Q: There are also new as-needed migraine medications that target CGRP. How do those compare to older medications?
A: In the past, triptan medications were the main migraine-specific, as-needed medications that we had — and they worked pretty well. However, based on studies, triptan medications didn’t work for about 30% to 40% of those with migraine. These medications can also potentially narrow blood vessels, so people with a history of stroke, heart attack, mini-strokes or uncontrolled hypertension should not take triptans.
Two new CGRP receptor antagonists are available for as-needed treatment of migraine — and they don’t narrow blood vessels. These are ubrogepant (Ubrelvy) and rimegepant — rimegepant is also approved for preventive treatment of migraine. These are oral medications that block the CGRP receptor to hopefully stop a migraine attack while it’s happening. More research is needed, but these drugs don’t appear to have the same risk of medication overuse headache that some other as-needed migraine treatments do.
Another new as-needed medication that’s not CGRP-related is called lasmiditan (Reyvow). Like triptan medications, it works on serotonin receptors, but works on a different subtype of these receptors so does not narrow blood vessels. This is great for people who had success using triptans but had to stop using them after a heart attack or stroke.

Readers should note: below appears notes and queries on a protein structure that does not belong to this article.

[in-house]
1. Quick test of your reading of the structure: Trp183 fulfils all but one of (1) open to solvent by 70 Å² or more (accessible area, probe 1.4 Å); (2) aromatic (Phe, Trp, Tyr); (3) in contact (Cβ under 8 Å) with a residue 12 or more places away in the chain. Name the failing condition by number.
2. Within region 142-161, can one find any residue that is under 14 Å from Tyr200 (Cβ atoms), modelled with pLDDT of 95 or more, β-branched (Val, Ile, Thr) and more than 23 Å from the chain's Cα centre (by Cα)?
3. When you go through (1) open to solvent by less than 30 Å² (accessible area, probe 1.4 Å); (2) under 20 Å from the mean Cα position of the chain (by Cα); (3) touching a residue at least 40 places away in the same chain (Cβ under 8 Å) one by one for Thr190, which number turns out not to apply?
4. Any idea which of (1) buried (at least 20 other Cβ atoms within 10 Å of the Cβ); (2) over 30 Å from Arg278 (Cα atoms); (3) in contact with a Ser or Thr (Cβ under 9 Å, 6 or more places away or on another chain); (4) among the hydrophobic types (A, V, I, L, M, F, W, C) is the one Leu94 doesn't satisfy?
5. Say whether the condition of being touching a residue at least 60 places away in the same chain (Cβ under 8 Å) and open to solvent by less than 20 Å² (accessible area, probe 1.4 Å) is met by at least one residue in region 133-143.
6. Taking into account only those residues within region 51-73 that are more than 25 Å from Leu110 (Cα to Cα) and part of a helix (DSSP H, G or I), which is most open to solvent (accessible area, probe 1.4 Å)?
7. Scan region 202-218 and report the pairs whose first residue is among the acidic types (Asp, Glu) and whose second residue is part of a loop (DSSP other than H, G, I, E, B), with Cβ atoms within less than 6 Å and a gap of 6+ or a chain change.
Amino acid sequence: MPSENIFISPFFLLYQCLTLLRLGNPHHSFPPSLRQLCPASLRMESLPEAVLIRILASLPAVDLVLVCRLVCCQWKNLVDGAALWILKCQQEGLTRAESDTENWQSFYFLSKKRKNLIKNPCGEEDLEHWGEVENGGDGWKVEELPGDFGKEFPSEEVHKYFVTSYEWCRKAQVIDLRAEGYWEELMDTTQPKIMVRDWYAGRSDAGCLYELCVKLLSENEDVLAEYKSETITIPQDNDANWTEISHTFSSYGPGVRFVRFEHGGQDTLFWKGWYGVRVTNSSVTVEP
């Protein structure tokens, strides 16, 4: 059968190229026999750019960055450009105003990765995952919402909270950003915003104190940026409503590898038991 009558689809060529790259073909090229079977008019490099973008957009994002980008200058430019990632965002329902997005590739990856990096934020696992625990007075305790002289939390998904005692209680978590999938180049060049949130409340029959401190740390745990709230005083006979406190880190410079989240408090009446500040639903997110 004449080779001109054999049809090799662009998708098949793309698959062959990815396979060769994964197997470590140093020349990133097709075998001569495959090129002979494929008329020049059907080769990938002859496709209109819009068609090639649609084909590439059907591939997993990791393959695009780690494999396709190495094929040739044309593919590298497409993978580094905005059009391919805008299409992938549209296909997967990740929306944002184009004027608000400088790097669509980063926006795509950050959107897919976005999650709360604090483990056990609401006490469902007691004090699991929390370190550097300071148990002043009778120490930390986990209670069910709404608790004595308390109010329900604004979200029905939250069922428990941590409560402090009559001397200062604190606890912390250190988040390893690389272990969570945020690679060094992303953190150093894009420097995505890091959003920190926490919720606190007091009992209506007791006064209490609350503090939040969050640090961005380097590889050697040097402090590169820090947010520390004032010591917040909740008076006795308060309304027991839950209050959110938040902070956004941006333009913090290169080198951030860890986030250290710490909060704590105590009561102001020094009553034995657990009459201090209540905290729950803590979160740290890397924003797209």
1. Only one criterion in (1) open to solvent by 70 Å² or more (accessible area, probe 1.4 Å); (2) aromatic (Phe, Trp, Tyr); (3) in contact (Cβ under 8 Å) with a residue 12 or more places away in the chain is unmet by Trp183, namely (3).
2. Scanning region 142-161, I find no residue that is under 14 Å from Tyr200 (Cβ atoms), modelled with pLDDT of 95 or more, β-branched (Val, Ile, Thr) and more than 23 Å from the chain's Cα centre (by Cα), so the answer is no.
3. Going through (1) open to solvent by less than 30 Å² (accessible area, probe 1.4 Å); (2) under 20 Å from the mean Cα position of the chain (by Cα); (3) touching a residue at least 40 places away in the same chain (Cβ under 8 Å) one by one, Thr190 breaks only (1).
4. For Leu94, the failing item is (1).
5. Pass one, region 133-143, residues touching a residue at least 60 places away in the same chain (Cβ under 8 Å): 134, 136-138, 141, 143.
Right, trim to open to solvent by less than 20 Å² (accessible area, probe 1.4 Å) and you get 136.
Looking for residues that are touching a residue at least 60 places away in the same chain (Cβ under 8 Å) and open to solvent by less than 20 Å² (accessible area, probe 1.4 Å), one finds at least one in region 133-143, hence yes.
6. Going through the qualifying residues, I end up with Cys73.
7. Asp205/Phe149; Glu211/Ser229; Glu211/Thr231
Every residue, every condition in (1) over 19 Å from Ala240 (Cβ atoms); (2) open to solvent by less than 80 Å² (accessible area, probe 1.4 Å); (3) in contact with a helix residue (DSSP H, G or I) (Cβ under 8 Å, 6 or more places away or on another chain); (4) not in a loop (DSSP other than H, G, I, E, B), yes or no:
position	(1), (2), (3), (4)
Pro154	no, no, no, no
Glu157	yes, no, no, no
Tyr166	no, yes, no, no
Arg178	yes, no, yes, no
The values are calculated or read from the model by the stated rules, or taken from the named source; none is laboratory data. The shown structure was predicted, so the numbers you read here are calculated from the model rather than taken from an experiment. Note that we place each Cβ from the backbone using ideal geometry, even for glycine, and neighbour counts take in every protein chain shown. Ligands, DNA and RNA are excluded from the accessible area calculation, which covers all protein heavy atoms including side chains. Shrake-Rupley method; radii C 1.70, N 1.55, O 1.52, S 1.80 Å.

Q: What’s next in migraine treatment?
A: Even with the plethora of options available, some individuals still need more options. They may feel very hopeless. However, scientists are working to identify other targets in migraine. For example, there is another protein that’s called PACAP (pituitary adenylate cyclase activating peptide) that’s under investigation. And we will continue to identify additional molecules and proteins until we find treatment options for every single person with migraine.
In the meantime, visit the American Migraine Foundation to learn and advocate for yourself or for your loved ones, to make sure everyone gets the treatment they need for this disabling disease.